Republican Presidential candidate Dr. Ben Carson speaks during a town hall event at Bob Jones University, Nov. 13, 2015, in Greenville, S.C. 
Photo by Rainier Ehrhardt/AP

Carson: al Qaeda was not a threat in 2003

Dr. Ben Carson told supporters Sunday that he supports increased military involvement in Syria because ISIS is an existential threat to the United States, adding that al Qaeda — the group behind the 2001 September 11th attacks— was not.

“A lot of Americans really think back to 2003, and they remember Saddam Hussein and al Qaeda,” Carson explained at a Nevada rally. “They say, ‘we never should have gone in there and destabilized it.’ And they may be right about that.”

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“But here’s the problem, Saddam Hussein and al Qaeda at that time was not an existential threat to us. The global jihad movement is an existential threat. They want to destroy us and everything that has to do with us,” Carson concluded after criticizing President Obama for withdrawing troops from Iraq.

Al Qaeda and it’s leader Osama bin Laden was responsible for 9-11, the deadliest attacks on American soil.

The leading republican candidate Sunday afternoon, spent several minutes on foreign policy — a subject where his answers to question regularly faces criticism and scrutiny. After pausing to lead a moment of silence “to remember all those who died in France,” Carson stayed on the issue.

“You know our oldest ally in this country is France, and we stand in solidarity with our allies,” Carson said. “It’s something that we must learn how to do once again and that is to support our friends around the world. You know, we turn our back on Israel, we turn our back on the Ukraine,” he added.

On ISIS, Carson said the “global jihad movement,” gives Americans just two choices. “We can sit around and act like they are the jayvee, and that they aren’t going to do anything and that they’re only significant over there. Or we can use every resource available to us to destroy them first.”

“I would go with the latter,” he added.

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When his speech moved to building on military successes again ISIS, Carson said he believes that as the coalition countries begin to win, people in the region will be deterred from joining the “jihadist movement.”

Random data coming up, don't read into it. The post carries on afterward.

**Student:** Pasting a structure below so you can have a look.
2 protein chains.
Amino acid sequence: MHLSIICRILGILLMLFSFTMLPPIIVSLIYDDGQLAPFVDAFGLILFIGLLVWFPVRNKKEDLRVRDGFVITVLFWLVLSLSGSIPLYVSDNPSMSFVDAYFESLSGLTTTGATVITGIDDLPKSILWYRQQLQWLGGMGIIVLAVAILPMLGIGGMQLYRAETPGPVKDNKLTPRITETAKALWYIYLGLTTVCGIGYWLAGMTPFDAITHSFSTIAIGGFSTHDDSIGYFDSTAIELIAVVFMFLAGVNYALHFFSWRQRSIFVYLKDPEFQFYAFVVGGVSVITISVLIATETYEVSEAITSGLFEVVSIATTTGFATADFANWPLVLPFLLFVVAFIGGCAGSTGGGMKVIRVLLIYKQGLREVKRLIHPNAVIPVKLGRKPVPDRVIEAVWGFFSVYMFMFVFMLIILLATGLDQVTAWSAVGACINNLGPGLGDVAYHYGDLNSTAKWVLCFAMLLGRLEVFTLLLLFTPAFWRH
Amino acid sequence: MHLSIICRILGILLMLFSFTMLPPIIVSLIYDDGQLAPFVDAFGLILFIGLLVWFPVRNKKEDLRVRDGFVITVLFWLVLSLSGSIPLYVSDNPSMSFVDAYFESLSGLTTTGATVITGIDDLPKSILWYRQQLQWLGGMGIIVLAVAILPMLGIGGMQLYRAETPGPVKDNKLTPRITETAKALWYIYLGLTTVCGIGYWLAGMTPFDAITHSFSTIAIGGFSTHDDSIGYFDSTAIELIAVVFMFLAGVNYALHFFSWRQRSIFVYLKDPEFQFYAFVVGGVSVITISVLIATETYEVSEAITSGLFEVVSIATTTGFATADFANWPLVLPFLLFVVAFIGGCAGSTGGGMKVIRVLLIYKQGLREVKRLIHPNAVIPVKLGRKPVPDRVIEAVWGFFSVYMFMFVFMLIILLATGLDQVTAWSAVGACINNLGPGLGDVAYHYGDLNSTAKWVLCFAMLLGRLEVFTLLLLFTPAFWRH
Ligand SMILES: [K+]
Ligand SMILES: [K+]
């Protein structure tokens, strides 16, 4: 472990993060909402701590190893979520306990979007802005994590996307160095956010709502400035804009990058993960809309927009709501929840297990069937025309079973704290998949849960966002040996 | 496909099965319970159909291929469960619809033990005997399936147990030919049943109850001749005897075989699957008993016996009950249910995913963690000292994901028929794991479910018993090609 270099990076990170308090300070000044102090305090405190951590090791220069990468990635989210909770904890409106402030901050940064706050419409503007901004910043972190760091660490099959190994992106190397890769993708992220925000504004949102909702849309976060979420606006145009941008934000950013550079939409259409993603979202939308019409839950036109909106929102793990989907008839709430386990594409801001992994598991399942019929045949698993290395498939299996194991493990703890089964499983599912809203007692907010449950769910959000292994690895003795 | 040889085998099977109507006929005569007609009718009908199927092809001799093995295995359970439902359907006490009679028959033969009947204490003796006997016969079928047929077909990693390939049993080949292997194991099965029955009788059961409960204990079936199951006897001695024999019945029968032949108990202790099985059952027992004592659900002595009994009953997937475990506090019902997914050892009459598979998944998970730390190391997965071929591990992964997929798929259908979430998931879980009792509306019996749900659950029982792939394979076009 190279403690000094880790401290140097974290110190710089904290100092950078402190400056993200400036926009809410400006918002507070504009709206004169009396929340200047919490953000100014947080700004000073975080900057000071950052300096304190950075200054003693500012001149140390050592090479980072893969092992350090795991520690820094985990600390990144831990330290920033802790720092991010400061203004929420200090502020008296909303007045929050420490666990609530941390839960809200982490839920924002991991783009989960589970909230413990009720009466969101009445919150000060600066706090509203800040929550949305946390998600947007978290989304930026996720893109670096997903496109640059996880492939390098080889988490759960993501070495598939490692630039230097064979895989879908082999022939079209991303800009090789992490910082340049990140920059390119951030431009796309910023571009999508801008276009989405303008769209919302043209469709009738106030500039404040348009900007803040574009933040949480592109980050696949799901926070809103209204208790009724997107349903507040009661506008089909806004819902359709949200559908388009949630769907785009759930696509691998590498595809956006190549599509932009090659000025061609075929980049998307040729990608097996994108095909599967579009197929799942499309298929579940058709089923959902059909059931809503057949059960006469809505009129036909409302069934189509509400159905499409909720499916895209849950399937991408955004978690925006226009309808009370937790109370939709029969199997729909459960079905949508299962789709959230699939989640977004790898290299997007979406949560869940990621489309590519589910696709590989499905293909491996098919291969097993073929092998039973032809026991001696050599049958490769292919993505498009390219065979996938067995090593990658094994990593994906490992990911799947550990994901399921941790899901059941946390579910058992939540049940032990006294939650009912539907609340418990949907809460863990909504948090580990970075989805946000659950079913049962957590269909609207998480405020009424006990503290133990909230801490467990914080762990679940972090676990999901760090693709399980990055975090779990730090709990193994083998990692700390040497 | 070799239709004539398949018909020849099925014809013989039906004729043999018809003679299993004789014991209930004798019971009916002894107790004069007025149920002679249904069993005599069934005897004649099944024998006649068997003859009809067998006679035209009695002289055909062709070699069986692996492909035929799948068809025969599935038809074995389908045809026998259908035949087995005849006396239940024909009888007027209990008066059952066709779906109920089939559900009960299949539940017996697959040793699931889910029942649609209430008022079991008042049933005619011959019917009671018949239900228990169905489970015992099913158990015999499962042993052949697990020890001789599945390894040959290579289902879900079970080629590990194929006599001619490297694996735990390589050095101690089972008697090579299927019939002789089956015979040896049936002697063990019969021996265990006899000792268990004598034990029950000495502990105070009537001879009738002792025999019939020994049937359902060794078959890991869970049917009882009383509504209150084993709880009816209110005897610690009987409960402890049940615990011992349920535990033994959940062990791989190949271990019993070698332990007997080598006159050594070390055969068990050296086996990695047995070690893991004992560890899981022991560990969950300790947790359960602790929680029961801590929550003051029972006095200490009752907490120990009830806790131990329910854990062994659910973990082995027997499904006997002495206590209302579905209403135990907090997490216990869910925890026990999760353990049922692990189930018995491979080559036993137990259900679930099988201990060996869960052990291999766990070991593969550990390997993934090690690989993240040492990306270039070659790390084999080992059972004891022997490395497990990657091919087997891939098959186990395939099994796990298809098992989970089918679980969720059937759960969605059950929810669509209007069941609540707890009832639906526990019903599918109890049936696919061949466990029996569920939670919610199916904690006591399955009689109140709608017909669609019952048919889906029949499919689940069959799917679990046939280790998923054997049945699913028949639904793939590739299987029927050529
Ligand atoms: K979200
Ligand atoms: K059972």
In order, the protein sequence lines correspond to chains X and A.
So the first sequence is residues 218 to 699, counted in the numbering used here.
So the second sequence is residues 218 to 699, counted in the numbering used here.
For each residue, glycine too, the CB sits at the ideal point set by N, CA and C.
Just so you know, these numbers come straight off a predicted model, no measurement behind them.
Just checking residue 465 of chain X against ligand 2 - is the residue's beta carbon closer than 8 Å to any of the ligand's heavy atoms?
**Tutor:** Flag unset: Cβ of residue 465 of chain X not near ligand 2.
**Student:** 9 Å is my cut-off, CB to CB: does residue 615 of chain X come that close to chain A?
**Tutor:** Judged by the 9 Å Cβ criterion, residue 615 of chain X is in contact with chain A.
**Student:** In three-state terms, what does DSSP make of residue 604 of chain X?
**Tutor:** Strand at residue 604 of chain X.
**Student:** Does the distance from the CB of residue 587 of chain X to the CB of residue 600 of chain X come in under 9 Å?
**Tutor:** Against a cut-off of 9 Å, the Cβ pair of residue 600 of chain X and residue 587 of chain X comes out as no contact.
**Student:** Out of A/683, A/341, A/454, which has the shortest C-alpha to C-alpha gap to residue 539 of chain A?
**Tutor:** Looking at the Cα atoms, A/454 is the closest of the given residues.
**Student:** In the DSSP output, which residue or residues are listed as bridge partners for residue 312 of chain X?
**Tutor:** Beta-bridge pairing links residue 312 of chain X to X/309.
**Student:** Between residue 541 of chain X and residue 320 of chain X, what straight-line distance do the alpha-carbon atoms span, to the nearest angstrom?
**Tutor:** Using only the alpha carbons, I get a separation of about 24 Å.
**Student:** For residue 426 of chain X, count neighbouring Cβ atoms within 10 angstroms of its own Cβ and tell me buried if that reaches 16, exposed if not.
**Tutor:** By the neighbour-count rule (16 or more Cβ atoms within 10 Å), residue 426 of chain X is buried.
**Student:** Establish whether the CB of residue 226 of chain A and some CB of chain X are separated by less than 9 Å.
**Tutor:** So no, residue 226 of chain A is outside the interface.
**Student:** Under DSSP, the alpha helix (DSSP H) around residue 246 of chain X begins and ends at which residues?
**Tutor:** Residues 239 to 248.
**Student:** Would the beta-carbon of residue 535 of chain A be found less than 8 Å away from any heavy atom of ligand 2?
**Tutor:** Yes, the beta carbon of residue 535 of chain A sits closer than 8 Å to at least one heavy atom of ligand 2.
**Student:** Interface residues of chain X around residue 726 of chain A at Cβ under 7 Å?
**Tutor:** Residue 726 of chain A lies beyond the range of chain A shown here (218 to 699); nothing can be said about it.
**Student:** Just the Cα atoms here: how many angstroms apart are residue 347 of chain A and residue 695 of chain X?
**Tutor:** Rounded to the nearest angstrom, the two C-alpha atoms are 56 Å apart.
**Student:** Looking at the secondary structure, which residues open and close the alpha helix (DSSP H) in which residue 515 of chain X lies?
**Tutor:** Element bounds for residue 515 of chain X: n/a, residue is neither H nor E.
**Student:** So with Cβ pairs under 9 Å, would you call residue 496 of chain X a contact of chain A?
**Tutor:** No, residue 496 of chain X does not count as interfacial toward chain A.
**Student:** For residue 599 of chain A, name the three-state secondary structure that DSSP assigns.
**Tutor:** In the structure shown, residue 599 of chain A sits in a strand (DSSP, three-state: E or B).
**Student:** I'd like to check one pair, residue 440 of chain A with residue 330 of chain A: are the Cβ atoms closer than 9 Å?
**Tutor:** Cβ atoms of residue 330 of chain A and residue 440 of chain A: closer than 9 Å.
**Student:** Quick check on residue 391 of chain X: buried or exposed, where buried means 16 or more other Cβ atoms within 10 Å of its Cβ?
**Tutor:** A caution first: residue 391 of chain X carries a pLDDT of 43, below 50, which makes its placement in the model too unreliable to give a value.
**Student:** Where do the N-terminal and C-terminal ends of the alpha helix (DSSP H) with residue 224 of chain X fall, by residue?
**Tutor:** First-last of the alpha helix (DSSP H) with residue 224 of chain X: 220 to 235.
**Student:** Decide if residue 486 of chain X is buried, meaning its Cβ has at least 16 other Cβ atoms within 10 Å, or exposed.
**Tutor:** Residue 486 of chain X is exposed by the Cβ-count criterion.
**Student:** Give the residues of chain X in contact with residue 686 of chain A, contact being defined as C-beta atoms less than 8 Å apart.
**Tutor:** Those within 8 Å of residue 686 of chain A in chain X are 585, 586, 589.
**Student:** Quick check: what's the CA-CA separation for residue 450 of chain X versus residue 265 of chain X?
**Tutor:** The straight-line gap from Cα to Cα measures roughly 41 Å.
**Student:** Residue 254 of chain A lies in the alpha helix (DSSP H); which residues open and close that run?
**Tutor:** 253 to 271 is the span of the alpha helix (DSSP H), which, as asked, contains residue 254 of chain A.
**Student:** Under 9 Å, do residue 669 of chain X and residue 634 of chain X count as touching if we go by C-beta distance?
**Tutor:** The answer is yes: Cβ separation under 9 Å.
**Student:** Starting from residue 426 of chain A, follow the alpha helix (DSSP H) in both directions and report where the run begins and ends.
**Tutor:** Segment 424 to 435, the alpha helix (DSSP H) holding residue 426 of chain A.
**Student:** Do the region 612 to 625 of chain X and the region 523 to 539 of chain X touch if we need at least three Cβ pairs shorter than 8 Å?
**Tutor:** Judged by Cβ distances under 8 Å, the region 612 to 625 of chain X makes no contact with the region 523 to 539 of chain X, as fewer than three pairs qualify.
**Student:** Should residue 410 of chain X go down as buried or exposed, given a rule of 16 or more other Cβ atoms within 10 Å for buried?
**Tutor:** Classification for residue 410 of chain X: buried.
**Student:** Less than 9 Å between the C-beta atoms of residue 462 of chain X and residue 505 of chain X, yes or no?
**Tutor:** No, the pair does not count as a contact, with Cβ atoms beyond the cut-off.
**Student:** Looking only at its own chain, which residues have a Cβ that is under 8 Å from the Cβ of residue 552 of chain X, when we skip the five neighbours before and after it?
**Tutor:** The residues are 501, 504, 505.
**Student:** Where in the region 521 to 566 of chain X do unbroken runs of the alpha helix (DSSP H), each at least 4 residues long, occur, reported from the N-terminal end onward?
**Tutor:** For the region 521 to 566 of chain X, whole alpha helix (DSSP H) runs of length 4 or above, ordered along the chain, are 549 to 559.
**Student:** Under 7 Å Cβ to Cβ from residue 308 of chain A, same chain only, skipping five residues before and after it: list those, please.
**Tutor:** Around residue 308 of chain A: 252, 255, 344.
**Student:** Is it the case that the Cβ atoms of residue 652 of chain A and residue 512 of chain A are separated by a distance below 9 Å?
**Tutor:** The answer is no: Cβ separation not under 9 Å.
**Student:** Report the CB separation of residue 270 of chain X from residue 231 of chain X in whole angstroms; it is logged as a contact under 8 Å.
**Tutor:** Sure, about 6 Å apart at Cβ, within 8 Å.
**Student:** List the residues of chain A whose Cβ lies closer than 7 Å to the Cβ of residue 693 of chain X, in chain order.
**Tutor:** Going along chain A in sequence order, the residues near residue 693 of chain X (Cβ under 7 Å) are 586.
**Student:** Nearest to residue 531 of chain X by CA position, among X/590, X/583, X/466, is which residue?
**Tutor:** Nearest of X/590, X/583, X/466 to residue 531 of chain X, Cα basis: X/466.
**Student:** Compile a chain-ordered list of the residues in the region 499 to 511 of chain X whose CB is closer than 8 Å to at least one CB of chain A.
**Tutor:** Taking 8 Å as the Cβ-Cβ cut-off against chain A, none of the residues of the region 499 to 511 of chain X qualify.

“And that’s the way to do it, you have to fight both the psychological and the physical war,” Carson explained in defeating the group.

Foreign policy experience has been a weakness for Carson in polling, although he is leading the field nationally. When asked by reporters after his rally, how he would respond to voters concerned about his lack of foreign policy experience, the former neurosurgeon said it’s about the people who will advise him, quoting Proverbs 11:14 from the bible which reads, “Where no counsel is, the people fall: but in the multitude of counselors there is safety.”

“The fact of the matter is, no one has the kind of experience that is ideal to become president of the United States. That’s one of the reasons it’s important to know how to surround yourself with the right kinds of people.”

Saying he receives daily briefings from people including military generals, Carson did not refuse to connect President Obama to the terrorist attacks in France, nor did he criticize the president when asked if he underestimated ISIS.

Instead, he suggested it was an intelligence failure.

“I don’t like to be super critical but obviously we can see that ISIS has quite a bit more strength than perhaps he thought,” Carson said before adding, “and that would probably be a matter of him not getting very good intelligence.”

Asked specifically if he was blaming the entire intelligence community for underestimating ISIS, Carson didn’t back down, saying “he obviously is not getting the information.”

This article first appeared on NBCNews.com

Ben Carson, Election 2016 and Foreign Policy

Carson: al Qaeda was not a threat in 2003